Do you remember when I told you that we were getting screwed two years ago?
How food corporations were reducing the format of their products while keeping their prices the same, basically pulling a fast one one the unaware customer, a price hike by stealth?
How Nestlé’s 2 litre container of Real Dairy ice cream was now 1.89 litres?
An actual price increase of 5.5%.
How Miracle Whip‘s 1L format and went down to 950 ml then to 890 ml?
An actual price increase of over 6%. Hellman’s soon did the same thing with their mayonnaise!
How le P’tit Québec cheese brick has gone from 540 g to 500 g?
An actual price increase of 7.4%.
How Pringles‘ boxes of chips went down from 163 g to 140 g?
An actual price increase of 14%.
How Post and Kellogg shrunk their cereal boxes to 411g from the 510g format?
An actual price increase of 19%. General Mills soon followed with a similar downsize.
How Häagen Dazs dropped its pint of ice cream to a smaller 14 oz container?
An actual price increase of 13.5%.
Turns out, the trend is not over. In order to fool consumers, more corporations are downsizing their format while keeping prices at the same level.
In today’s La Presse, Marie Allard gives two more recent examples of food corporations taking advantage of consumers unawareness. Canadian families are working hard, have played by the rules, but the rules have changed, and nobody told them, so they are no longer getting they they expect for their money.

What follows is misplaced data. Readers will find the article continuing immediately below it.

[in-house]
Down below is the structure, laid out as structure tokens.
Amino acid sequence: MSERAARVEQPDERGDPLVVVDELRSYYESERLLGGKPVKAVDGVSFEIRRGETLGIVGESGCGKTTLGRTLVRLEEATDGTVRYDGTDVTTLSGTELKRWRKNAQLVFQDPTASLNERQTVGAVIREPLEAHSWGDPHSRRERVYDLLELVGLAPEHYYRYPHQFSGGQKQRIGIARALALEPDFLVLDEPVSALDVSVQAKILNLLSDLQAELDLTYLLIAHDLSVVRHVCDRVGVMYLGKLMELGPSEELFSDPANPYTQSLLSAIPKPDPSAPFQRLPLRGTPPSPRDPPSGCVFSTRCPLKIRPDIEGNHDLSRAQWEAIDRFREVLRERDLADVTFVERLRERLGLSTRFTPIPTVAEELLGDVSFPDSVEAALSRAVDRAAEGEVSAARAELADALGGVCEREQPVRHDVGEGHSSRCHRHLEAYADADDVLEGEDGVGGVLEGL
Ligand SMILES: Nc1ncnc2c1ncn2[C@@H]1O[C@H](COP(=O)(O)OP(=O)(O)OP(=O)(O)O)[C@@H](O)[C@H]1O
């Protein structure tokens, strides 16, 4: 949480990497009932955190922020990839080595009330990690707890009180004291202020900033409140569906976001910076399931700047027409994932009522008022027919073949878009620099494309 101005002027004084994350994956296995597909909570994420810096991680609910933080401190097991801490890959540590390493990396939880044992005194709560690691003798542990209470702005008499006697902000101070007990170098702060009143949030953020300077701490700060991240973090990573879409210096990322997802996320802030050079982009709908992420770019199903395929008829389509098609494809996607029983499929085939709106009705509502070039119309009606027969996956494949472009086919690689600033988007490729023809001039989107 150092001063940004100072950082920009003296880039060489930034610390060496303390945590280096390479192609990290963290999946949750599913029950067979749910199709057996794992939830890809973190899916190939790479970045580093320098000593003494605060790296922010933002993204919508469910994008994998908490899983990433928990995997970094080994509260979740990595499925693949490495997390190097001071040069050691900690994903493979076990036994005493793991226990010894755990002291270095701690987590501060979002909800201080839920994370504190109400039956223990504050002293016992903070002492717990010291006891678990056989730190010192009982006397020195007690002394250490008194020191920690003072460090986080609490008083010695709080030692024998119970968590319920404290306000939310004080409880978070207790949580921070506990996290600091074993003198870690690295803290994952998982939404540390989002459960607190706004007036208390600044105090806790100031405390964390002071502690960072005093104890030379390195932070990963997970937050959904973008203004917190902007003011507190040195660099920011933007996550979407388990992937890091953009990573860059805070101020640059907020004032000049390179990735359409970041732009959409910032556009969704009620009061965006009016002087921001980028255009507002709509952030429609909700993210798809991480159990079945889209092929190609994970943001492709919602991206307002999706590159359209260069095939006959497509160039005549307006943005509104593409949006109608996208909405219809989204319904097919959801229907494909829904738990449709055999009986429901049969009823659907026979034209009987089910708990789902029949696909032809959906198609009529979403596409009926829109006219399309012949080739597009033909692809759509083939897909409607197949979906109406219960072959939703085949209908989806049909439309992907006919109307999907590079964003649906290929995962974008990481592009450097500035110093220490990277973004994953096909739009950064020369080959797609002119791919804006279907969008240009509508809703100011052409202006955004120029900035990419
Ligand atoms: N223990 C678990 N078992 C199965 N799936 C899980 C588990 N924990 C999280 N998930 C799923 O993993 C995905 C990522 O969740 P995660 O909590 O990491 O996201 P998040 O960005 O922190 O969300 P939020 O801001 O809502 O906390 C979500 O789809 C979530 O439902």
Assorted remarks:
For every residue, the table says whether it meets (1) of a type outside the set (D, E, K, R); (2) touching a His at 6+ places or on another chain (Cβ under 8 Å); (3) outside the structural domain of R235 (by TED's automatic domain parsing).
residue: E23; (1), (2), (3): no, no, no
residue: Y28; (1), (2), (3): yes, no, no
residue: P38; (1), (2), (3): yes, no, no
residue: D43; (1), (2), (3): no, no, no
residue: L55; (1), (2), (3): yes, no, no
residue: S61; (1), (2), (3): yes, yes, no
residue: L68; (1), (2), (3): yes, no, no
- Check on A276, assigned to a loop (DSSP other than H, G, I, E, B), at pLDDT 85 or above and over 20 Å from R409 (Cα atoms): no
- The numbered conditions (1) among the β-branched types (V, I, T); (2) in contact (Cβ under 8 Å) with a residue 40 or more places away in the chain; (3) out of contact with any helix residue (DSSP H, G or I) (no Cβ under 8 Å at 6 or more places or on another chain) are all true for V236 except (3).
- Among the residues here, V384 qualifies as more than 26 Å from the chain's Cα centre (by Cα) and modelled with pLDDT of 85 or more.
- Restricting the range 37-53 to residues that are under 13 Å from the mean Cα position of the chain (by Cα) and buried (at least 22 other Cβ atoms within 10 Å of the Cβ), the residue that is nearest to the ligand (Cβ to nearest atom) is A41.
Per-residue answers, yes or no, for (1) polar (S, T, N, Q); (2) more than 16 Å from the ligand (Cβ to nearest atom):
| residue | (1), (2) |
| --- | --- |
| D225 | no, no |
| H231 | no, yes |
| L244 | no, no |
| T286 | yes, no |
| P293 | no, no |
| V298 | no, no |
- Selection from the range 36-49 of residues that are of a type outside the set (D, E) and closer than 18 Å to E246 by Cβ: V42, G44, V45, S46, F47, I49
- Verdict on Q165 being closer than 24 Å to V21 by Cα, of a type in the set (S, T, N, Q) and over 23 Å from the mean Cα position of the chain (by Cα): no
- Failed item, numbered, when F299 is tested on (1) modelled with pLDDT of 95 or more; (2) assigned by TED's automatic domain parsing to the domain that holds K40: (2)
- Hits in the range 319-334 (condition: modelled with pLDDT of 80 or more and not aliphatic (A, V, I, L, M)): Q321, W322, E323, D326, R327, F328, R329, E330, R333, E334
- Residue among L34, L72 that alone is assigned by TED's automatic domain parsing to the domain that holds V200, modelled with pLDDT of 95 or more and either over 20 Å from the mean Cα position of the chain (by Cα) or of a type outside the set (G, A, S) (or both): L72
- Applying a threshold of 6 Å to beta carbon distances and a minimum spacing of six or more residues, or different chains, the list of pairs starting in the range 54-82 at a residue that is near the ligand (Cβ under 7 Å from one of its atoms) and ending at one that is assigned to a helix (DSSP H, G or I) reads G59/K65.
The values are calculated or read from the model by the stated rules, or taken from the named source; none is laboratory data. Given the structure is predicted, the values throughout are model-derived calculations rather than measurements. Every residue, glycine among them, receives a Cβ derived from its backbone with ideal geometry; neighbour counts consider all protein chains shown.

Just in time for Easter, Cadbury has shrunk their famous Creme Egg from 39g to 34g – effectively jacking the price of the delicious candy by 12.8%. Produced by Cadbury UK and sold here by Kraft, you can complain about the move here.
And it isn’t only food multinationals who are using the dubious technique: Rougemont-based Lassonde’s Oasis fresh juice’s main format has gone down from 1.89L to 1.75L – families have to pay 7.5% more for their favourite juice – though they would not in all likelihood notice at all. To complain to Lassonde, “drop” them a note here.
Same goes for Tropicana! Their 1.89L carton of 100% Pure Florida Squeezed Orange juice has gone down to 1.75L. Tropicana, owned by PepsiCo, needs to hear from you.
Classico’s Pasta Sauce used to be available in a 700ml format. But that is no longer the case as the jar now contains only 650ml. This means that the sauce now actually costs 8% more than before.
Note that in Classico’s case, they’ve actually adjusted their jar to compensate for the downsizing. It is thinner, but taller! Sneaky. The company even explained on its website that the lighter weight of their current jar could make it unsafe for home canning! To discuss this approach, send an email to Classico.
Now, spin is no secret for me, so I’ve got to admire the efforts made by Stefano Bertolli, Lassonde Industries’ Communications Vice-President, to explain the logic behind this marketing decision: “People want quality at a reasonable price,” Bertolli told La Presse. “We therefore have to find other solutions than price increases,” he pleaded. Mr. Bertolli is refusing to call this process downsizing – he calls this strategy rightsizing.
So why is it that I don’t feel it’s right at all?
UPDATE Feb 10, 2011 @10:25: Postmedia reporter Sarah Schmidt informs me that she pointed out some of these and others last year:
- SunChips bags holds 15 grams fewer chips, reduced from 240g to 225g.
- Frito Lay Canada “adjusted” a number of bag sizes within its Lay’s, Doritos and Tostitos brands.
- President’s Choice ice cream containers have been flattened to 1.65L instead of 1.89L.
- Scott Toilet Paper 1,000 sheet rolls are now 4.1 by 3.7 inches, instead of 4.5 by 3.7 inches.
- President’s Choice pasta sauces are also packaged in taller but skinnier glass jars.